I was delighted to see Back Issue #107 [TwoMorrows; $8.95] devoted its September 2018 issue to Archie Comics. Not the modern versions that, as regular readers of this column know, leave me cold. Nope. Editor Michael Eury’s topic for this latest issue is “From the groovy ‘70s through the big ‘80s, Archie Comics in the Bronze Age!” The issue went immediately to the top of my reading pile.
Although Archie Comics didn’t always get credit for its attempts to expand its characters and its impact in the comics marketplace, the company did a lot of interesting things during those two decades. I used to talk to the late Michael Silberkleit a bit back then and, even when we disagreed, I thought he was a smart cookie. It’s sad I never got to do a full-on interview with him.
The line-up of subjects and writers in this issue is spectacular. Jack Abramowitz kicks things off with a wonderful overview. There are Jerry Boyd interviews with Stan Goldberg and George Gladir, who were exceedingly kind to me. Gladir gave me rare issues of Bats and other comics for my 1000 Comic Books You Must Read. I was working on a new comic-book series tailored for Goldberg at the time of his passing. I want to return to it soon, but where will I ever find anyone as perfect for it as Stan?
Steven Thompson has a fun article about the various Archie clones published by other comics companies. Kurt Heitmueller, Jr. does a two-page strip about his love of Archie comics. There are articles about Sabrina the Teenage Witch (Christopher Larochelle), Archies on television (the amazing Andy Mangels), That Wilkin Boy (Mark Arnold), Red Circle Sorcery (Ed Catto), Red Circle Superheroes (Steven Wilber), Cheryl Blossom (Jerry Smith) and a neat collection of rare artwork curated by Boyd. Indeed, my only quibble with Back Issue is that I want to see writers credited for their articles on the contents page and not just in the “special thanks” section. I have favorite Back Issue writers and would love to be able to go to their articles first.
Back Issue #107 is my pick of the week. If Archie Comics ever gets away from dark and largely lacking in humor soap-opera, I’d love to be a part of that movement. You can move forward without abandoning the core values of these classic characters.
Since I’m not the kind of comics reader who goes to a comics store every Wednesday, picks up the new releases and immediately goes home to read them, I seldom review individual issues here. Still, every now and then, one of those issues tickles my fancy and makes me want to share it with out.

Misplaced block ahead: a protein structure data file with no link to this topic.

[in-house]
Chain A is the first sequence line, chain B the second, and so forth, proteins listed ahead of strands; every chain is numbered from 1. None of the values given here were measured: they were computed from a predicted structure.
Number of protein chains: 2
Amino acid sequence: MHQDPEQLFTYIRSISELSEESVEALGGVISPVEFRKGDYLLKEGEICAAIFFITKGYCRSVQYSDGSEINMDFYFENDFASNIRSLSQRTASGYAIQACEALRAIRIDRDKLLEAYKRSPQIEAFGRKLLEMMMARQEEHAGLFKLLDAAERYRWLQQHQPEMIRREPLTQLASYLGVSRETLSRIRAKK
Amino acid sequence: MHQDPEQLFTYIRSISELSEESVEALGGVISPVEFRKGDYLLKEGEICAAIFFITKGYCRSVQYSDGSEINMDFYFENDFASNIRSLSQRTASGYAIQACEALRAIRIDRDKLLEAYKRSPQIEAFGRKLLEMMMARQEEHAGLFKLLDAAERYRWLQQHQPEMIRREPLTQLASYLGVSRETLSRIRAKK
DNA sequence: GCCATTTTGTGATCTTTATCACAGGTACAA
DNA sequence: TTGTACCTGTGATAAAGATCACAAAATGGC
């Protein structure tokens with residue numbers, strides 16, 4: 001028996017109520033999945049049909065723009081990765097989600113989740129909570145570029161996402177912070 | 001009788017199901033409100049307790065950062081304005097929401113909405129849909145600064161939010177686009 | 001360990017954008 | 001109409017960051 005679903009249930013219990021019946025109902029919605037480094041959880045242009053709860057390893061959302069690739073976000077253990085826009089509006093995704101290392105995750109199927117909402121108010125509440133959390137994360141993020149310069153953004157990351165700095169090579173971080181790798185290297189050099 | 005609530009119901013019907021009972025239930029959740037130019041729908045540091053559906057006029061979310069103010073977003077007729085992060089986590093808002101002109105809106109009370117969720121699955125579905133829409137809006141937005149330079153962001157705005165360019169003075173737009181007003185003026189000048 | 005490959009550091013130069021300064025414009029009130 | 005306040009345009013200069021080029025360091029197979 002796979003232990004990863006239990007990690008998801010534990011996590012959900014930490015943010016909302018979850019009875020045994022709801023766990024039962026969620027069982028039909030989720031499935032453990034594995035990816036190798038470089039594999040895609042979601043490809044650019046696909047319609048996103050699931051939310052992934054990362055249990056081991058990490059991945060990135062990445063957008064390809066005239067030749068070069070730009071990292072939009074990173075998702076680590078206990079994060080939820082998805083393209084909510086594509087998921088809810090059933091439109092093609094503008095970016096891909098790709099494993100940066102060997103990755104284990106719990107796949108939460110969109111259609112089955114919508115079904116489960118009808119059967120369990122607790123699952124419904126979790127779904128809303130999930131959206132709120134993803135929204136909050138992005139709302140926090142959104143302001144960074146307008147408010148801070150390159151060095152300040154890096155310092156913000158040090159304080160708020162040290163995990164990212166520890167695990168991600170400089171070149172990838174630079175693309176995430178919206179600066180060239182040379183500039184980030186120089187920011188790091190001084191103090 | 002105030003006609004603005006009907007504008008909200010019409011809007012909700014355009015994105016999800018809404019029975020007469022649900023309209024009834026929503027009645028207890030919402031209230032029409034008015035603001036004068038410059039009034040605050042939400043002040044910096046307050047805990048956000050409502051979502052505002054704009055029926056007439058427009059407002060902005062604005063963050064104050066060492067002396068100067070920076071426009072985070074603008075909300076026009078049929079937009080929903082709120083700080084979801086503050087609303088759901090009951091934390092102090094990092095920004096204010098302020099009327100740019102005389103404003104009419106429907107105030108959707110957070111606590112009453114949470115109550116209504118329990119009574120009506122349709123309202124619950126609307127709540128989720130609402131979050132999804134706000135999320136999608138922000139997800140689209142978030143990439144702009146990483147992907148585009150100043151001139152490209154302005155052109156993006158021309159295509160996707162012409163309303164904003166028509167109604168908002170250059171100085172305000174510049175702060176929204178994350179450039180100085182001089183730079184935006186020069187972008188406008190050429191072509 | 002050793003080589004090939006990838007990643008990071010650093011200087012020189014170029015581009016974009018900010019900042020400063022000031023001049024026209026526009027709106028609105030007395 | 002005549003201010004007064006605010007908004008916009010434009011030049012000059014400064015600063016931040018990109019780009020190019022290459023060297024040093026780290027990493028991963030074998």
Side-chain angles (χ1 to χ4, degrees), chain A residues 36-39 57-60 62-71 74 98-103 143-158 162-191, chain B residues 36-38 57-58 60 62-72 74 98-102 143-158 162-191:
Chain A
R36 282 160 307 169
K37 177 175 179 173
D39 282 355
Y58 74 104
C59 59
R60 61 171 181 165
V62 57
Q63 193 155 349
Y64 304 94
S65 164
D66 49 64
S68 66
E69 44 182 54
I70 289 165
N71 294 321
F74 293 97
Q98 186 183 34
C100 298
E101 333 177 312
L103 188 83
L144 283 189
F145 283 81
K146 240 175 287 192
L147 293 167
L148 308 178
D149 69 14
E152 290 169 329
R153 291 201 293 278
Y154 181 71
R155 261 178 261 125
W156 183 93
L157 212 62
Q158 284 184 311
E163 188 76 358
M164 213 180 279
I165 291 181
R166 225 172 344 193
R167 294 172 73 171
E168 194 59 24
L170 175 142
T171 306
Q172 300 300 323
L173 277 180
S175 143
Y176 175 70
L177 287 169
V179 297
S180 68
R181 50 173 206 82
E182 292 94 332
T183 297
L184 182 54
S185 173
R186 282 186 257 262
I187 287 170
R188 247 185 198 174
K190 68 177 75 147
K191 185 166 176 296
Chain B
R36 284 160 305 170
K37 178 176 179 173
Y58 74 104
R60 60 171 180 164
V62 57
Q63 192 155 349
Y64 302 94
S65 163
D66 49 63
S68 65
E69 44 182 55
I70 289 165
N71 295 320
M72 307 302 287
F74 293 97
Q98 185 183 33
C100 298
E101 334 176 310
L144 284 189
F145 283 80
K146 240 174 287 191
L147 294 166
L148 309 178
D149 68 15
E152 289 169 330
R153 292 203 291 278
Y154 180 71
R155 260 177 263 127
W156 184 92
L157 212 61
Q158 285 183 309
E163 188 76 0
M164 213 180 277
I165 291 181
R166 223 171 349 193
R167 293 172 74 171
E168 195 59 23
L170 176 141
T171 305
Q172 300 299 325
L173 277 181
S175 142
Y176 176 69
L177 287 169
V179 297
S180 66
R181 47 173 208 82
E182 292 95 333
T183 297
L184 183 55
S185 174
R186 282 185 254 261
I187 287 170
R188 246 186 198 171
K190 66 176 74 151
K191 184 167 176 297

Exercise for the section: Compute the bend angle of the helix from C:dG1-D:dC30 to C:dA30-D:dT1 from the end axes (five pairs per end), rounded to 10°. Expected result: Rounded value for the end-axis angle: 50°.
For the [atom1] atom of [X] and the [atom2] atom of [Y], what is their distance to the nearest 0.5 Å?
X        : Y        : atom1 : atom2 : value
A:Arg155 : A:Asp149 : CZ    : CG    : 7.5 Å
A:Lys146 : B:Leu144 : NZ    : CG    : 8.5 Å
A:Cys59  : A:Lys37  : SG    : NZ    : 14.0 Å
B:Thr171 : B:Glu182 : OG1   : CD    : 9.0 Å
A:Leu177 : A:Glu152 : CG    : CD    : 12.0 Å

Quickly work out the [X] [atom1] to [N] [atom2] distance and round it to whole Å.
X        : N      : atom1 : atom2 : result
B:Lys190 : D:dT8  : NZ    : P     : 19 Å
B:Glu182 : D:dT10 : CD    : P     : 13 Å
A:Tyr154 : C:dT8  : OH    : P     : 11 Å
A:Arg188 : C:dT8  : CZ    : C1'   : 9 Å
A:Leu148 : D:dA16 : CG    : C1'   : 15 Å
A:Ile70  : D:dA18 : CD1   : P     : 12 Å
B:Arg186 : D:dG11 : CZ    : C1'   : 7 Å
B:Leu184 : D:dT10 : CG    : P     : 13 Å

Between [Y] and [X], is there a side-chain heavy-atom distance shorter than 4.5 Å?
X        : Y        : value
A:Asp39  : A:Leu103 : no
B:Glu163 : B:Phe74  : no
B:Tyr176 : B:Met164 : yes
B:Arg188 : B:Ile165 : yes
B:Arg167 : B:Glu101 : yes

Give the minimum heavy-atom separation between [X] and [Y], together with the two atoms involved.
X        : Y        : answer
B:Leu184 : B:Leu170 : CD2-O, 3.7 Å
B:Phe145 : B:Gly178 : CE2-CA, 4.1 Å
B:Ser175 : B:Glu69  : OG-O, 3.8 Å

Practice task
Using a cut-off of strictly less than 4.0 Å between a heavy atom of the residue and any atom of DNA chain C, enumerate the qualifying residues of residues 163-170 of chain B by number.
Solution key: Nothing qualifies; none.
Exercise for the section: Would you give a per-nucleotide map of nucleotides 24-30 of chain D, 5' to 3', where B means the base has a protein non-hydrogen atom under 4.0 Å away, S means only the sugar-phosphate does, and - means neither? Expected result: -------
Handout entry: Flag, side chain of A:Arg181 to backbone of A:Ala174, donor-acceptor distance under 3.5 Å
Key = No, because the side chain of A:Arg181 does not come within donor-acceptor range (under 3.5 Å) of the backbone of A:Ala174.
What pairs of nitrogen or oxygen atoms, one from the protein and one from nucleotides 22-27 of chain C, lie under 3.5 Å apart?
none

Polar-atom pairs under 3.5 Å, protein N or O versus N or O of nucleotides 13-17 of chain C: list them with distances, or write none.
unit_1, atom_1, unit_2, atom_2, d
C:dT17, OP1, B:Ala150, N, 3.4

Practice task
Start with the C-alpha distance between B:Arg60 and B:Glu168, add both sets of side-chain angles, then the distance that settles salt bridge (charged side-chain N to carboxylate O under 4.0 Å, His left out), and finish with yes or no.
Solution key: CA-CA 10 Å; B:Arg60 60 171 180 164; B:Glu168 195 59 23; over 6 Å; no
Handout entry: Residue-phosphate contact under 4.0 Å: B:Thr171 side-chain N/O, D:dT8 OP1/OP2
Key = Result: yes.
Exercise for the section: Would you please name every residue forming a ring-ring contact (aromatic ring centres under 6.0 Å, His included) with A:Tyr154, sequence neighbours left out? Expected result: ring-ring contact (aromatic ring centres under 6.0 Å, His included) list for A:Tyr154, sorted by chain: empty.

Secret Weapons: Owen’s Story #1 [Valiant; $3.99] focus on Owen Cho, a psiot whose power doesn’t seem particularly useful. Owen conjures objects out of nothingness, but he has no control over what kind of object he conjures or even when it will materialize. It’s the super-powered equivalent of the mystery boxes sold at comics conventions. He never knows what he’s going to get.
In a fun story by writer Eric Heisserer with art by Raul Allen and Patricia Martin, Owen’s life and power are closely examined. While I don’t want to give away too much, let’s just say there might be a method of sorts to this madness.
Valiant published a nice bunch of titles every month. The universe of these titles keeps growing, but the writers do an excellent job keeping readers old and new in the storytelling loop. I enjoy them quite a bit. If you have found other comics universes not to your liking, I recommend you give the Valiant titles a shot.
I’ve been reading a great deal of manga lately, looking for series to replace some recently-concluded favorites. One that caught my eye was Bizenghast: The Collector’s Edition Volume I by M. Alice LeGrow [Tokyopop; $19.99]. It’s a gothic adventure drama series. I got this volume, which collects the first three books in the seven-volume series through my local library system and it hooked me early on.
Fifteen-year old Dinah Wherever’s parents were killed in an accident and now she lives with her aunt in a haunted estate that includes a former hospital and a former boarding house. Both her aunt and her doctor believe Dinah is schizophrenic. But the grounds are, indeed, haunted. Dinah has been charged with freeing the ghosts who linger there. If she fails, she will remain there forever. Assisting her in this calling is Vincent, her only friend.
The characters and stories are intriguing. Before long, some other supernatural creatures show up to help Dinah. The perils of what she must do grow with each new adventure.
LeGrow’s art is gothic Lolita. The storytelling is a little rough in places – this is her first comics work – but I’ve been enjoying this series. Though this first collectors edition might be difficult to track down, it’s worth the effort.
My next public appearance will be a first for me. I will be doing a reading from my Black Lightning: Cold Dead Hands mini-series in a nightclub setting. If you’re going to be in the Cleveland area on Saturday evening, September 1, think about coming to this event:
Tap Dance Killer’s Comic Book Cabaret
Hero Tomorrow Comics is throwing a loving farewell for the Phantasy complex featuring a vaudeville show of rock and theatre performers, dancers, poets, and comic book writers! It’ll be a night like you’ve never seen!
The Symposium Nightclub
11794 Detroit Ave
Lakewood, OH 44107
The doors open at 6 pm. The show runs 7 pm to midnight. Admission is $5 at the door. If you’re under 21, it’s $8 at door. This venue is cash only.
Yeah, this is a little out there for me. But, barreling towards 67, I remain committed to trying new things, spreading my “brand” far and wide and always, always going forward.
I’ll be back next week with more reviews.
© 2018 Tony Isabella